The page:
Cincinnati to propose changes to prevent demolition of certain historic homes
MT. LOOKOUT, Ohio (WKRC)- Karen Robertson has been trying to find a way to save the house at 1228 Grace Ave. since she found out it is going to be torn down. She and her family lived there for 17 years.
"It breaks our heart, honestly, it just breaks our heart. Not only because of all the work and effort we put into it but mostly because of the history of the place,” Robertson said.
Robertson said she’s heard from plenty of folks in the area who are outraged.
"Not only to this house but to their street, around the corner from where they live. It's all over Hyde Park. It's all over Mt. Lookout," Robertson said.
Robertson said she wants to see historic homes like the Grace Avenue one try and be saved.
"Instead of them being carelessly tossed aside and thrown away," Robertson said.
Mark Morse has lived in Mt. Lookout his whole life. He lives about a quarter of a mile from the house he grew up in. He said new developments are popping up all over the Mt. Lookout and Hyde Park areas.
"In a lot of cases, the historic homes in the area are being torn down and being replaced by cheaper models."
Morse and his wife have an eight-year-old daughter.
Morse said many of the new homes being built in place of the destroyed ones don't fit in.
"It looks like houses that you see out in areas like West Chester, Mason or Liberty Township."
Morse adds he's not against development he just wants it to fit in.
"If it matches the intent or the integrity from a design perspective of the neighborhood," Morse said.
He said something needs to be done to prevent the overdevelopment of the area.
"My biggest fear is that it becomes over-developed and that it loses the historic charm. So, I want for her, what I had growing up," Morse said.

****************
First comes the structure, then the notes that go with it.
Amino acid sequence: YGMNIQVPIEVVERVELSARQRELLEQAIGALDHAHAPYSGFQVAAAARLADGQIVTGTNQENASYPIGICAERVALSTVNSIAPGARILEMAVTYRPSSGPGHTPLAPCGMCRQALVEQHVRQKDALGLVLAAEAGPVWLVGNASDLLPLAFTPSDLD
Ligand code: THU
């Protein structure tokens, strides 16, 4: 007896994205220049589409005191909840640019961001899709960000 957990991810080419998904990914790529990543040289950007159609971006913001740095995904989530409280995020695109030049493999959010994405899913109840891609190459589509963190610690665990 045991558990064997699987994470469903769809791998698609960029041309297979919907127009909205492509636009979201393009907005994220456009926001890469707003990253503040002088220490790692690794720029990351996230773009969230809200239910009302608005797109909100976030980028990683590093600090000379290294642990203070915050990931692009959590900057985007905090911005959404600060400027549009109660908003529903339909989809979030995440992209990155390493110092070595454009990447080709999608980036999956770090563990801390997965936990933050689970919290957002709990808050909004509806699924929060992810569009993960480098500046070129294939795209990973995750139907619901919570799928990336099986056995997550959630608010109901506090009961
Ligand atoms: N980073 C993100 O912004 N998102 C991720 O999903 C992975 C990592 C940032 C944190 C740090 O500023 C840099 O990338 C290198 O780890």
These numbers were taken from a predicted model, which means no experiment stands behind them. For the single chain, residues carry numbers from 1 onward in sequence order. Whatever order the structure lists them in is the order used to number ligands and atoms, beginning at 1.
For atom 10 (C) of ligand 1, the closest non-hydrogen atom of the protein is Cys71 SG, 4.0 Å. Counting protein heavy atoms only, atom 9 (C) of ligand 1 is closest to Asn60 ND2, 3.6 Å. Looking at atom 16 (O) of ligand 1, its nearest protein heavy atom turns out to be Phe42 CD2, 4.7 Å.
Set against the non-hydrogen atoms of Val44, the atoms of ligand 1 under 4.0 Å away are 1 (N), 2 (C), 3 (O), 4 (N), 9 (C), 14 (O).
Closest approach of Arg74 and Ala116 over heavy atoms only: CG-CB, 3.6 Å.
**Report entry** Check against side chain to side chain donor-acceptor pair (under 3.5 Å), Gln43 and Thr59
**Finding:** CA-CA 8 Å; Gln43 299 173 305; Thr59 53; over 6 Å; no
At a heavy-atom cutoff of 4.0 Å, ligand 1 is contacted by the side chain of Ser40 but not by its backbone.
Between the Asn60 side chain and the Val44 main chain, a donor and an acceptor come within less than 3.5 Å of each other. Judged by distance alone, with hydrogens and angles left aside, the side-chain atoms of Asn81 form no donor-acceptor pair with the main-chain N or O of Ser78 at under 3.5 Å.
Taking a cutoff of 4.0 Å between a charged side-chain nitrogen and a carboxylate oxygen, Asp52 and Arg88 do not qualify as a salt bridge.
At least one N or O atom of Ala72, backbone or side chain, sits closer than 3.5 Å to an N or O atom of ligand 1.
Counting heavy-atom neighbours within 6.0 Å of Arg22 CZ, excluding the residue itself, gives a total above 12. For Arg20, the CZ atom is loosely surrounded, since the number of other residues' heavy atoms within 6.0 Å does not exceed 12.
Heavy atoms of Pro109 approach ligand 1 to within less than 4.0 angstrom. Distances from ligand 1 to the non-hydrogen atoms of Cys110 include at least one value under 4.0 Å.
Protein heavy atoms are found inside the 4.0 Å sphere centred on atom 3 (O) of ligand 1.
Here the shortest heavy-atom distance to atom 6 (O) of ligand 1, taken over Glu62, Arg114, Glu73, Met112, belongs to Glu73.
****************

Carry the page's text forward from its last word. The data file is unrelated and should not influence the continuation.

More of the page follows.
These families are getting signs of hope from city hall.
The city said it's worried about the impact losing historic homes like this one could have on the area.
It’s making two requests to the City Planning Commission at the 9 a.m. meeting on Friday, May 18.
In a release the city said. “The Commission will consider a request by the Acting City Manager for the establishment of an Emergency 90-day Interim Development Control (IDC) Overlay District and a temporary review process for the City’s Subdivision Regulations.
The IDC is a temporary zoning measure that will require demolition permits for the neighborhoods of Hyde Park and Mt. Lookout to be reviewed by the City Planning Commission before the permit can be approved. This review will be required for demolition permits only. It will be in place for an initial 90 days, with the option to extend it for 9 additional months. If approved, during the time the IDC is in place, the Department of City Planning will conduct a public study to consider potential changes to the zoning code.
The temporary review process for the City’s Subdivision Regulations will require applications for subdivision of land in Hyde Park and Mt. Lookout to be reviewed by the City Planning Commission before they can be approved. If approved, this temporary process will run concurrently with the timing of the IDC.”
Robertson was happy to hear about the proposed measures from the city.
"It's about time that another set of eyes are looking at these historic homes up and own our community. Historic homes that actually make the character and feel of our community be what it is today," Robertson said.